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                Author and article information

                Contributors
                Role: Editor
                Journal
                Appl Environ Microbiol
                Appl. Environ. Microbiol
                aem
                aem
                AEM
                Applied and Environmental Microbiology
                American Society for Microbiology (1752 N St., N.W., Washington, DC )
                0099-2240
                1098-5336
                15 December 2017
                14 February 2018
                1 March 2018
                14 February 2018
                : 84
                : 5
                Affiliations
                [a ]Department of Biology, University of Constance, Constance, Germany
                [b ]Dipartimento di Scienze per gli Alimenti, la Nutrizione e l'Ambiente (DeFENS), Università degli Studi di Milano, Milan, Italy
                [c ]Institute of Animal Science, Hohenheim University, Stuttgart, Germany
                [d ]University of Florida, UF/IFAS, Department for Microbiology and Cell Science, Fort Lauderdale Research and Education Center, Davie, Florida, USA
                [e ]Department of Earth and Planetary Science, University of California, Berkeley, California, USA
                [f ]Helmholtz Centre for Environmental Research—UFZ, Department of Molecular Systems Biology, Leipzig, Germany
                [g ]Department of Microorganisms, Leibniz Institute DSMZ—German Collection of Microorganisms and Cell Cultures, Braunschweig, Germany
                University of Bayreuth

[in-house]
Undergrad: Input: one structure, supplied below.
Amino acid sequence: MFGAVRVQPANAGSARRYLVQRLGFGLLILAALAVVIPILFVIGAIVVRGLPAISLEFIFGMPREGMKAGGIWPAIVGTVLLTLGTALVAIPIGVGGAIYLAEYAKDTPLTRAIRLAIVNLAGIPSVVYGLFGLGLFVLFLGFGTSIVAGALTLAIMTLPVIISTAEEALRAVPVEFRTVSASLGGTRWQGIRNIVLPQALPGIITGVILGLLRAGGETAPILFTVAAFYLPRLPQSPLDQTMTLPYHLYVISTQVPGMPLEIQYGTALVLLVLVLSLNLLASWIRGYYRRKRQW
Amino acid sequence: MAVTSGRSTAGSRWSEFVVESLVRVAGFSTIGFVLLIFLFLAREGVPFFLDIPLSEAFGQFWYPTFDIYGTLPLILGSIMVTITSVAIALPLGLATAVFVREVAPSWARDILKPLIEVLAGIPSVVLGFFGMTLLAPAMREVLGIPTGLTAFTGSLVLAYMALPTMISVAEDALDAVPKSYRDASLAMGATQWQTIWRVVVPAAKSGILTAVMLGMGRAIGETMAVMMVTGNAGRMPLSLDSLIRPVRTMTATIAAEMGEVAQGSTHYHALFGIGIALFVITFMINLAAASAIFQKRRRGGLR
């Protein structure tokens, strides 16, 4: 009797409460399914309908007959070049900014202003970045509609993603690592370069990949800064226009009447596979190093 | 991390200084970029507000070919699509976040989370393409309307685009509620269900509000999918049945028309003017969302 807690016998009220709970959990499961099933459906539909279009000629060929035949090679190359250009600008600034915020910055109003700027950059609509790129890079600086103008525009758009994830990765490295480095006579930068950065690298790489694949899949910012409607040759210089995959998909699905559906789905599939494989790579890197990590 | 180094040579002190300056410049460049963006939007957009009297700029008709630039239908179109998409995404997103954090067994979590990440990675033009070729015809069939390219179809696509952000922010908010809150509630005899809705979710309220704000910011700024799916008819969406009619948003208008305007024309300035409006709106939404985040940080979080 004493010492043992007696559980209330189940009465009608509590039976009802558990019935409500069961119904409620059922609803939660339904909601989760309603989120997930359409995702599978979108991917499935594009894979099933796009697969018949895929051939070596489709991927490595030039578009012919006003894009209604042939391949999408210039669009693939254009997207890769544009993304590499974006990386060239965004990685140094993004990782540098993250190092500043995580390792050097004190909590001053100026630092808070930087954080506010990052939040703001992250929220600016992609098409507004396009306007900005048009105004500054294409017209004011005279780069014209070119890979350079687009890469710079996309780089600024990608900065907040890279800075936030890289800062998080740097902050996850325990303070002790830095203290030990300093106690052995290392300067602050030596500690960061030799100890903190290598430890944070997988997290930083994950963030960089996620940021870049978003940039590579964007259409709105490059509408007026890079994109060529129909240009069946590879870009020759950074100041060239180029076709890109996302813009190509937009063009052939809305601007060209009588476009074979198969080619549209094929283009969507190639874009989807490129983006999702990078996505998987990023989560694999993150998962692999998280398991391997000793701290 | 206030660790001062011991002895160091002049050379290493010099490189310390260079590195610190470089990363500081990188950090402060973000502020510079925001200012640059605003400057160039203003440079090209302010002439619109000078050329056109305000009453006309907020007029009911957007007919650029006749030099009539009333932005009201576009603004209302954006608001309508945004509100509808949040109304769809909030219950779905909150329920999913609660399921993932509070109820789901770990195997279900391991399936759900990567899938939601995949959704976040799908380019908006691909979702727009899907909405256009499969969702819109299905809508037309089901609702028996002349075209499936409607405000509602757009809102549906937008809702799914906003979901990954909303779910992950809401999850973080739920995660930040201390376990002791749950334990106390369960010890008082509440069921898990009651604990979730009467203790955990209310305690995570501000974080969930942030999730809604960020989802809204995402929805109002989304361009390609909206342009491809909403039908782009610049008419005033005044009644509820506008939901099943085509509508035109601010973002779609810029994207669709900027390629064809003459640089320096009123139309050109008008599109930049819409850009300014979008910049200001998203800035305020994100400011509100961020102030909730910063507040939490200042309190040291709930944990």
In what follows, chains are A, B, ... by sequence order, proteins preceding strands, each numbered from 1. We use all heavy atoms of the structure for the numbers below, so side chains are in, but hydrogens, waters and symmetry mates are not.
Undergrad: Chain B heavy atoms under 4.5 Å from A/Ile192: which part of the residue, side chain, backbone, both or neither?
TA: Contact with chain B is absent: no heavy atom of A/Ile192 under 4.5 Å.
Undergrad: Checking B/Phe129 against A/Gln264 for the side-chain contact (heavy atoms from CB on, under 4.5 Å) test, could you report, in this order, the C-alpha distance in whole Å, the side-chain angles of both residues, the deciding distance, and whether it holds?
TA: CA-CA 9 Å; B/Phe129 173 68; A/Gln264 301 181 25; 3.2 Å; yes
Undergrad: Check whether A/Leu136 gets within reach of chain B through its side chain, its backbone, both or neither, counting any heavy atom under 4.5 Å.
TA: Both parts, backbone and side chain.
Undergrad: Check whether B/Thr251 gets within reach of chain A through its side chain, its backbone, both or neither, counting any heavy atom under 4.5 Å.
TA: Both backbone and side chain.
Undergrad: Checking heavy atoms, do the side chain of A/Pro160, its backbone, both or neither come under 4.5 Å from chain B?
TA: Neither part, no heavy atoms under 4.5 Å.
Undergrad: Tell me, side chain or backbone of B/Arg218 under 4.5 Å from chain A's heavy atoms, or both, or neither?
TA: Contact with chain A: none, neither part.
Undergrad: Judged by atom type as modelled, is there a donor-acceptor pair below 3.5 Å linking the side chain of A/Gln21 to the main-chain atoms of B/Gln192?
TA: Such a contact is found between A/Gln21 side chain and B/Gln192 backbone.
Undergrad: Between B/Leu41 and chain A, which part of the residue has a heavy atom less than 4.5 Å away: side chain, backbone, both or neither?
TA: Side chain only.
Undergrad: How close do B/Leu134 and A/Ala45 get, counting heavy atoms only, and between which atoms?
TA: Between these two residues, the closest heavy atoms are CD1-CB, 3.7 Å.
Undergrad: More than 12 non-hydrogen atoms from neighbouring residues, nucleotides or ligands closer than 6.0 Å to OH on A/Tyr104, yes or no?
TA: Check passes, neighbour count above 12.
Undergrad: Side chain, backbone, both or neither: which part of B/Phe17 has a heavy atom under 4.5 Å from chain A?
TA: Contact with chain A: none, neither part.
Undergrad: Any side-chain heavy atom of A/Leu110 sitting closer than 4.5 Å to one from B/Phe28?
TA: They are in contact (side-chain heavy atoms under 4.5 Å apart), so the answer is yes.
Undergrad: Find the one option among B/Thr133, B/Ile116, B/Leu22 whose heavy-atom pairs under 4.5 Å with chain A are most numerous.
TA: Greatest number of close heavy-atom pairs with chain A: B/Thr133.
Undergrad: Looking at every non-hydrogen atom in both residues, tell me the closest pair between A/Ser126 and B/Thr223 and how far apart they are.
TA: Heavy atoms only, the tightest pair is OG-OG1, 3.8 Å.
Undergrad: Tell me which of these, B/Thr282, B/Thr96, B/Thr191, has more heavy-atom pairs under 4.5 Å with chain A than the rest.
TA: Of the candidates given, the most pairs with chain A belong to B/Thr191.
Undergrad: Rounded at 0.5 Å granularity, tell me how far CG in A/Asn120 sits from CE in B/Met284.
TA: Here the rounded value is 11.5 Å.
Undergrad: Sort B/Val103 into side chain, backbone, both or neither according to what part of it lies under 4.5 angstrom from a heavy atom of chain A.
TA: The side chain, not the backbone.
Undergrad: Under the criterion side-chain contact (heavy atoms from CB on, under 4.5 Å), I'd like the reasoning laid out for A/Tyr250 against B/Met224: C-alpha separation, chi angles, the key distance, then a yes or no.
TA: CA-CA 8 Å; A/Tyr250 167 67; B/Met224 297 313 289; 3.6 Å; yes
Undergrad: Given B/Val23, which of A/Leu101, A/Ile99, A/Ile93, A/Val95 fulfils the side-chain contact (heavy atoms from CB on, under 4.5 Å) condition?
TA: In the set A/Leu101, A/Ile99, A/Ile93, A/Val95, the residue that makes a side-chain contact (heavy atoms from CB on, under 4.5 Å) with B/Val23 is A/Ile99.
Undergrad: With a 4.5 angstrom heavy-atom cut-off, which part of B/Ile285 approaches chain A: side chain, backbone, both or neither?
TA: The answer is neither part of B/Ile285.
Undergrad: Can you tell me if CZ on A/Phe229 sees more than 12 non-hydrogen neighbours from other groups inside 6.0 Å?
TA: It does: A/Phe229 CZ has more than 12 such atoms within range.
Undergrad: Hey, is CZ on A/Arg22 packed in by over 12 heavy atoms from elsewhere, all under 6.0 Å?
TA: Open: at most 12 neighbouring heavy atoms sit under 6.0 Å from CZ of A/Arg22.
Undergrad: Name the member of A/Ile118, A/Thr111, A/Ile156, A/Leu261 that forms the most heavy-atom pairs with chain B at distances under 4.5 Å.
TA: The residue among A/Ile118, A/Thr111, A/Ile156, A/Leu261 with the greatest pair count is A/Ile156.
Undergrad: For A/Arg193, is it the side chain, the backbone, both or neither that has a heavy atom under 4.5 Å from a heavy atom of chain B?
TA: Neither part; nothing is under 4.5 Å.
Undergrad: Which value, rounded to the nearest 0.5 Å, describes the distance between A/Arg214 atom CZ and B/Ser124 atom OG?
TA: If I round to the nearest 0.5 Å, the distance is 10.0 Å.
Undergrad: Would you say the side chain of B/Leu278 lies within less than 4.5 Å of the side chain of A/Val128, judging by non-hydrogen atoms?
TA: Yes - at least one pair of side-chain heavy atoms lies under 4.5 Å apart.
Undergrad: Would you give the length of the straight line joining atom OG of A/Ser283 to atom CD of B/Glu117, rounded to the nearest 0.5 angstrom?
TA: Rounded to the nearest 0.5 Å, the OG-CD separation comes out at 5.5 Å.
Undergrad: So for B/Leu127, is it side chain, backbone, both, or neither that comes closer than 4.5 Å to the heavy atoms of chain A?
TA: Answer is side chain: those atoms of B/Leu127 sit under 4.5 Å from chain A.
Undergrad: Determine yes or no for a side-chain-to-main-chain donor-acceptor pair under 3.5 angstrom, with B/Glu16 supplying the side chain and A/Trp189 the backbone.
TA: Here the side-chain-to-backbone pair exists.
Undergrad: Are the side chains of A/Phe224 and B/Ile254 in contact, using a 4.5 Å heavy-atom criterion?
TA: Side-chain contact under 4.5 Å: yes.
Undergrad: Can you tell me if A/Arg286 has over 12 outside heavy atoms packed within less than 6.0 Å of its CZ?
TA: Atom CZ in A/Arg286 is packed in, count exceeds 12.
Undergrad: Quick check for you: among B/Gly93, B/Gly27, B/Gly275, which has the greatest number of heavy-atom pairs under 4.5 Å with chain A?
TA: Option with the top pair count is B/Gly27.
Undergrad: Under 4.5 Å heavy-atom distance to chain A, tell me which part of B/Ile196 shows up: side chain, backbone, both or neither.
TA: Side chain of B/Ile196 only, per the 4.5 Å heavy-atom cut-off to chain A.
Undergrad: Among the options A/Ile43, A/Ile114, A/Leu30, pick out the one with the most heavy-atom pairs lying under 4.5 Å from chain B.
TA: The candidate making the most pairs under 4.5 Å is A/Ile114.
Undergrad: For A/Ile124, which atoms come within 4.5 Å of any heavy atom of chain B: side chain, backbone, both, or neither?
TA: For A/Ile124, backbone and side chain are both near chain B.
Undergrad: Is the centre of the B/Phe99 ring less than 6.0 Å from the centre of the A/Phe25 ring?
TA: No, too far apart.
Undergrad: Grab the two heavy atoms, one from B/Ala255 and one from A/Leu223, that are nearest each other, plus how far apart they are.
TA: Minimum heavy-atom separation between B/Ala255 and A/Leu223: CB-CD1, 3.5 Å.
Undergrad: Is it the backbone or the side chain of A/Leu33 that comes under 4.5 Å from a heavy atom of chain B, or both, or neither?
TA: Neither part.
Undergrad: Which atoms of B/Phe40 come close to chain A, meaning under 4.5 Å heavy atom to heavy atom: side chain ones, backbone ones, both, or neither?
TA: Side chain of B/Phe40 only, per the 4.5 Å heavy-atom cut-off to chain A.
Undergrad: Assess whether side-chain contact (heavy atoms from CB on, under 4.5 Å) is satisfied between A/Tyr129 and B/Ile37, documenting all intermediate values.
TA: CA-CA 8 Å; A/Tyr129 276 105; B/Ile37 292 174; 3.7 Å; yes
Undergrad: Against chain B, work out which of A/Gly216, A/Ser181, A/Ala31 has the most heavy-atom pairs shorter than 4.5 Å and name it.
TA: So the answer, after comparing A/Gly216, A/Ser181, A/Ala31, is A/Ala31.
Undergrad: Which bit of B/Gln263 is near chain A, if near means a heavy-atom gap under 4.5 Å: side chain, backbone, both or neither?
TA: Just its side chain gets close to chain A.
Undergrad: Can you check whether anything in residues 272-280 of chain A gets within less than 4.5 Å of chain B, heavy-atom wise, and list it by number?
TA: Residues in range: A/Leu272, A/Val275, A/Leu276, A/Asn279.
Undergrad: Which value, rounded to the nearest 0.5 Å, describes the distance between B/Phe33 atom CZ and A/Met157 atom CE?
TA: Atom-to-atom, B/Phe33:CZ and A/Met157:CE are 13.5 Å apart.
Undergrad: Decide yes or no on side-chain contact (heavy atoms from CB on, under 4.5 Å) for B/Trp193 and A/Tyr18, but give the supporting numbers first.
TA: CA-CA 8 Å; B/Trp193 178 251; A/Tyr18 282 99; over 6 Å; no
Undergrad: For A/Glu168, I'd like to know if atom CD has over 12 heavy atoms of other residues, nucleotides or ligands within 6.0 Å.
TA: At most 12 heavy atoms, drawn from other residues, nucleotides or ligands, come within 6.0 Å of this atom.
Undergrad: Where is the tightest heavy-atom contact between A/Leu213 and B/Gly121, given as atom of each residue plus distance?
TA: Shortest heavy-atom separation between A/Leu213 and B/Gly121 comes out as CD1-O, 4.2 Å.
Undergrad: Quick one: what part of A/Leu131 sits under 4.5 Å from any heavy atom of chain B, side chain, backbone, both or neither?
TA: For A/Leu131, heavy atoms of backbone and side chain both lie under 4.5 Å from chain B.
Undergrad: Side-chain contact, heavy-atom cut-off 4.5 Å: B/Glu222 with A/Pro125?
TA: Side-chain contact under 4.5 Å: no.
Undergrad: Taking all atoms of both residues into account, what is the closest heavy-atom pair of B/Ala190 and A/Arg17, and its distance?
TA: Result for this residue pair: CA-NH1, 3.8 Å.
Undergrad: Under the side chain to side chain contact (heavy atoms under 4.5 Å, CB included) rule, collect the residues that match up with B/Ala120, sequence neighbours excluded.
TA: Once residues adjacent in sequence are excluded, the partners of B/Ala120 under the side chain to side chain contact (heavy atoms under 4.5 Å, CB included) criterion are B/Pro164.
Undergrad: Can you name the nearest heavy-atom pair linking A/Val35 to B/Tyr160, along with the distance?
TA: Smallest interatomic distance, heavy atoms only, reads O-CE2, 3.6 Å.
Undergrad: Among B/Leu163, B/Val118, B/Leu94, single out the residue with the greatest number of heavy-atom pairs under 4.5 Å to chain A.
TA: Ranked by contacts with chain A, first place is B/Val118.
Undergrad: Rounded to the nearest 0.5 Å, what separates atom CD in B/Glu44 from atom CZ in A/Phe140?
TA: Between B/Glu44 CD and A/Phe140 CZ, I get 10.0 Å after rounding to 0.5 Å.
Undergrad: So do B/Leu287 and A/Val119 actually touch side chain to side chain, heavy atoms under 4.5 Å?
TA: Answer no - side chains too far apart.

Author notes
                Address correspondence to Michael Pester, Michael.Pester@ 123456dsmz.de .

                S.Z. and R.C.M. contributed equally to this article.

                Citation Zecchin S, Mueller RC, Seifert J, Stingl U, Anantharaman K, von Bergen M, Cavalca L, Pester M. 2018. Rice paddy Nitrospirae carry and express genes related to sulfate respiration: proposal of the new genus “ Candidatus Sulfobium.” Appl Environ Microbiol 84:e02224-17. https://doi.org/10.1128/AEM.02224-17.

                Article
                02224-17
                10.1128/AEM.02224-17
                5812927
                29247059
                Copyright © 2018 Zecchin et al.

                This is an open-access article distributed under the terms of the Creative Commons Attribution 4.0 International license.

                Page count
                supplementary-material: 2, Figures: 4, Tables: 2, Equations: 0, References: 82, Pages: 15, Words: 9583
                Product
                Funding
                Funded by: ERASMUS+;
                Award Recipient :
                Funded by: Deutsche Forschungsgemeinschaft (DFG), https://doi.org/10.13039/501100001659;
                Award ID: PE 2147/1-1
                Award Recipient :
                Funded by: U.S. Department of Agriculture (USDA), https://doi.org/10.13039/100000199;
                Award ID: FLA-FTL-005631
                Award Recipient :
                Funded by: EC | FP7 | FP7 People: Marie-Curie Actions (PEOPLE), https://doi.org/10.13039/100011264;
                Award ID: PCIG14-GA-2013-630188
                Award Recipient :
                Categories
                Environmental Microbiology
                Custom metadata
                March 2018